by Chu Foxlin
Over the past few years, those who work in the life sciences industry have noted major changes in their facilities. Many factors are contributing to these changes: decreases in government funding, increases in the complexity of scientific research, an accelerated pace of technological development, integration between computational science and biology, and a changing workforce demographic.
Due to funding limitations, institutions must be intelligent about how they utilize their resources. Today, state-of-the-art facilities are designing wet labs that are larger, more modular, and more flexible, in order to accommodate projects that tend to start and end quickly and that engage larger interdisciplinary teams. Computational work in dry labs now compromises 50% of research work, on average. As a result, physical barriers between dry and web labs have become less rigid. Not only are there greater visual and physical connections between the two labs, but also barriers are often constructed to be easily movable and to facilitate expansion and contraction of these spaces as needed.
Regardless of these shifts, the most valuable asset of a research institution continues to be its people. In order to retain talent, institutions are seeking to provide optimum environments that foster creativity, collaboration, and work/life balance. By increasing researchers’ well-being, an institution can maximize the collective intellectual wealth of its scientists. To meet these growing needs, laboratories are adding teamwork spaces and conference rooms, along with amenities like cafeterias, gyms, and even play centers. These once-expendable “soft” spaces have become essential — some even consider them to be the “scientific glue” of research today.
With companies like Google and Facebook setting new trends for office design, our culture has begun to see the workplace as somewhere that can be fun and stimulating, with options for where, how, and when work is to be performed. While this approach may be relatively new to the life sciences field, it will inevitably continue to make an impact. As people with backgrounds in software and engineering enter this industry at faster rates, they bring expectations for more dynamic and innovative working environments.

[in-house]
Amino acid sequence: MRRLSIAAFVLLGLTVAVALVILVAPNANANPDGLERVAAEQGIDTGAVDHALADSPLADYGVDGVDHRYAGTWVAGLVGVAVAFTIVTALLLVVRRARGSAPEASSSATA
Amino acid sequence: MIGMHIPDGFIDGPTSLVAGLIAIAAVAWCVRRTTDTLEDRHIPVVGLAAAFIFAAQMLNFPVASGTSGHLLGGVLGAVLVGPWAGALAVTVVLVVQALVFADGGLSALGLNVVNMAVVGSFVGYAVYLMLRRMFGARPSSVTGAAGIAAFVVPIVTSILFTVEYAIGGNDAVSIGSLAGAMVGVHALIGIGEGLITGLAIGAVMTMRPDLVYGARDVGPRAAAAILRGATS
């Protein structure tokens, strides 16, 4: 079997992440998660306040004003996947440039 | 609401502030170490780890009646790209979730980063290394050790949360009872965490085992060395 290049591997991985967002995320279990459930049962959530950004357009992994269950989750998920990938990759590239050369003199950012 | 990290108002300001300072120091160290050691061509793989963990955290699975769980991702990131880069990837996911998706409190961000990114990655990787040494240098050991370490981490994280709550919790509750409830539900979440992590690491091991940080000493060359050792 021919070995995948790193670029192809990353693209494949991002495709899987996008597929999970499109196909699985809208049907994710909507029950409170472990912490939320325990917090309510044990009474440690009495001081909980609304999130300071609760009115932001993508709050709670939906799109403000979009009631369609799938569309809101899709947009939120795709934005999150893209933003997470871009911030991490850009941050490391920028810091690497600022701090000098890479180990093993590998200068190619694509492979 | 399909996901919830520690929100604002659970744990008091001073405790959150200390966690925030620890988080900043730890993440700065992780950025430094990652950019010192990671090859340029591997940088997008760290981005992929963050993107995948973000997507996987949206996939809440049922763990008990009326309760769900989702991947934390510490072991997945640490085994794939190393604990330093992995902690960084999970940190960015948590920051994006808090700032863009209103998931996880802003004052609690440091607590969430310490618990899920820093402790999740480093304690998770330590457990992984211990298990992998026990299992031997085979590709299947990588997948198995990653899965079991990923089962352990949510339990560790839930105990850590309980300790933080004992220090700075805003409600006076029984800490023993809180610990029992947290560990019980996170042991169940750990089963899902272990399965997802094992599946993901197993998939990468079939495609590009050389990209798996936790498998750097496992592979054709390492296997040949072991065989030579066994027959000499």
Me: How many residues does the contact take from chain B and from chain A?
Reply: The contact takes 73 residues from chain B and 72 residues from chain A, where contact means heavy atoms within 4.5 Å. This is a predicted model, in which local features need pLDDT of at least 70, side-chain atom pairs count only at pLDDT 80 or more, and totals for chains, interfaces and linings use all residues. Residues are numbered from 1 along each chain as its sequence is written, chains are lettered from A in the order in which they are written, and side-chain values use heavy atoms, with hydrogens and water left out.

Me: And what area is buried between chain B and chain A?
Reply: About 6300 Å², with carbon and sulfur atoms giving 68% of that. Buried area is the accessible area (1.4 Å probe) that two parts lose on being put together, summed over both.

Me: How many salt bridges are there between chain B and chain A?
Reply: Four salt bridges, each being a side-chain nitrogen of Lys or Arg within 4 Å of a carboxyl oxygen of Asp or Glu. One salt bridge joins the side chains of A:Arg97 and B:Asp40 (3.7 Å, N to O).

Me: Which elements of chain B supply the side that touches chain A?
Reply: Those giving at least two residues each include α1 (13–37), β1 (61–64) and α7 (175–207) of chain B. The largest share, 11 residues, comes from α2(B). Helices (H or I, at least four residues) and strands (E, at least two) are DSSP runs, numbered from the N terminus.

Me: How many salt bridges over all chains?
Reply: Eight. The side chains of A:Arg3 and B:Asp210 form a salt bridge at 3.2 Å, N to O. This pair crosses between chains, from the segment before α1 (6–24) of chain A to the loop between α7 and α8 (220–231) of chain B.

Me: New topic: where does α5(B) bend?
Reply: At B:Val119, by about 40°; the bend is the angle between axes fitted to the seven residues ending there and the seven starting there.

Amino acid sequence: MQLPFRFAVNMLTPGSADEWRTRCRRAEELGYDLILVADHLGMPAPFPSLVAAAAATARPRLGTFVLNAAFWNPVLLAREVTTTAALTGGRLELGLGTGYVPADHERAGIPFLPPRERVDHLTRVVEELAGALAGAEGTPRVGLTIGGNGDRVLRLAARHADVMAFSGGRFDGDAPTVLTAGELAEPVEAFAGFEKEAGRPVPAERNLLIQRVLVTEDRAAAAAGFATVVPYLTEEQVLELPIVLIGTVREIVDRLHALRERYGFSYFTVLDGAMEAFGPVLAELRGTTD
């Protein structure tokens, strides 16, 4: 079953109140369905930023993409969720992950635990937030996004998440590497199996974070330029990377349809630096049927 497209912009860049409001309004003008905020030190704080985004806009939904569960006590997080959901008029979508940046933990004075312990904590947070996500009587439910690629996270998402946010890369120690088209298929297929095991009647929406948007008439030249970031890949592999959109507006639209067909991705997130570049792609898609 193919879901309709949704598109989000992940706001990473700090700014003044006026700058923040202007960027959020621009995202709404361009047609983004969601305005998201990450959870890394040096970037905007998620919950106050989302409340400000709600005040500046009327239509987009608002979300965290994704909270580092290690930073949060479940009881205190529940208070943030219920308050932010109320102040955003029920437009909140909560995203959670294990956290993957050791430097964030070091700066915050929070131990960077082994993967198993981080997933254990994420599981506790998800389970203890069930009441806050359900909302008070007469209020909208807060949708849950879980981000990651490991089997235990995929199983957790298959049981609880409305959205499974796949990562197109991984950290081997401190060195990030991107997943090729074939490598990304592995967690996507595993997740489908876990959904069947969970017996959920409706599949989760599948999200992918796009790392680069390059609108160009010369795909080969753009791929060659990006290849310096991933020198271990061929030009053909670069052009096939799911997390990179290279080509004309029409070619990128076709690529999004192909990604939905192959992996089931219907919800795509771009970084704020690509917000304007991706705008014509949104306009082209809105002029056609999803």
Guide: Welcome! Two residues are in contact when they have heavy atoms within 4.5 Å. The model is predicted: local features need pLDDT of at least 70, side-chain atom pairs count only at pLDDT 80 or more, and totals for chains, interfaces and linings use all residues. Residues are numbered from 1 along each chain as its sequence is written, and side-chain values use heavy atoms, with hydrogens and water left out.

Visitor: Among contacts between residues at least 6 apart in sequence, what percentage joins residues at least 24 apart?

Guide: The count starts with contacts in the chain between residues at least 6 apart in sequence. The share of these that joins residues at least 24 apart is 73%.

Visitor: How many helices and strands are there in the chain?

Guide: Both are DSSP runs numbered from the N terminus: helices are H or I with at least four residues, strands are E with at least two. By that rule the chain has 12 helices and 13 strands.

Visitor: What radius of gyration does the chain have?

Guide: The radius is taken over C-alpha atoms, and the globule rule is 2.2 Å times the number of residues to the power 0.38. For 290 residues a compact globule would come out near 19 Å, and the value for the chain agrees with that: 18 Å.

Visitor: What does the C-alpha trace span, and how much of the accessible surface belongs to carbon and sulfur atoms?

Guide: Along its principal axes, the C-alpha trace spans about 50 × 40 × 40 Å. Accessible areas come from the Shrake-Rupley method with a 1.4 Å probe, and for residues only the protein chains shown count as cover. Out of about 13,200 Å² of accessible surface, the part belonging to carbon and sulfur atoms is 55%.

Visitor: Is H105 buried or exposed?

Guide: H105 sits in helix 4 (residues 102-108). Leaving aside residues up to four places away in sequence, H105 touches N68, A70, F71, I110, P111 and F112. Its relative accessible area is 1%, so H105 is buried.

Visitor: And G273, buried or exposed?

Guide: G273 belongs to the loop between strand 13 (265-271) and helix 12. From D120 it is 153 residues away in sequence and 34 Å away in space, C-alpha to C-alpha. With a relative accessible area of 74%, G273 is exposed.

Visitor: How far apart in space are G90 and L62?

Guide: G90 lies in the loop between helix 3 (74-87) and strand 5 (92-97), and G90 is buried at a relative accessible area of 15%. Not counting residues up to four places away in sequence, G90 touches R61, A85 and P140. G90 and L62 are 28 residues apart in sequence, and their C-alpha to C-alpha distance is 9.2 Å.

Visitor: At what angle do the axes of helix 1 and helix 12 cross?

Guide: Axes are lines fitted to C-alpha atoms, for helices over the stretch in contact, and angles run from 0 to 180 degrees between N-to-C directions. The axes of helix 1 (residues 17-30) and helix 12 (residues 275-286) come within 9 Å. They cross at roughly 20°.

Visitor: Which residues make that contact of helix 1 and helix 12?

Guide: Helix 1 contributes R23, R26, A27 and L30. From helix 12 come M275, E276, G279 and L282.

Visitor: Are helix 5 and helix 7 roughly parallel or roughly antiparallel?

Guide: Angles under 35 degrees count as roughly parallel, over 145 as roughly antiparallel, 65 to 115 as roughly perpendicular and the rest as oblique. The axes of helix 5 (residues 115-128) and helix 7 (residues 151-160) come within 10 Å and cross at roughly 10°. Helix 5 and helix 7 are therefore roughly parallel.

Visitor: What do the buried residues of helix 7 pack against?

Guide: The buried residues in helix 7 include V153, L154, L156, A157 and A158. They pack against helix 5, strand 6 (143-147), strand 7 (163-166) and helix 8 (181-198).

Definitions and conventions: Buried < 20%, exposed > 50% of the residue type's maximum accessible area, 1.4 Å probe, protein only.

Such changes are also fostered by new workplace demographics. As Millennials complete their degrees and enter the research fields, their dominance in the workforce brings new values and attitudes. A Cambridge-based research institute notes that 60% of their employees are under the age of 34, with a greater range of racial and gender diversity than ever before. These employees expect to uphold meaningful and satisfying lives outside of work, to have a community within their institution, and to feel connected to the scientific world at large. In general, they are more engaged in environmental sustainability than previous generations and look for places to work with public transit and bicycle access. Cities like Boston, San Francisco, and New York are thus becoming hotbeds for the life sciences industry: Cities like these offer the wide-ranging cultural and social activities that young employees seek today.
The laboratory environment will continue to change to accommodate the priorities of younger, more technologically savvy workers. Enclosed office spaces, once invested with status symbols, are now seen as temporary spaces to conduct work requiring high levels of concentration and privacy. At some institutions, PI’s do not have private offices but sit with the rest of their team, along with post-docs, computational researchers, and wet-lab technicians in an open office setting. Enclosed rooms of varying sizes support quiet work, small team meetings, and remote collaboration.
How successful these changes will be in shifting productivity and workplace well-being remains to be seen, but one thing is clear: As designers for the modern life sciences industry, we must have greater insight into the nature of these environments beyond understanding laboratory and equipment planning. When we take into account the needs of human occupants and their desired interactions with physical spaces, we can create a better workplace for tomorrow’s scientists.
Chu Foxlin, AIA, IIDA , LEED AP, is a principal and design director at Steffian Bradley Architects.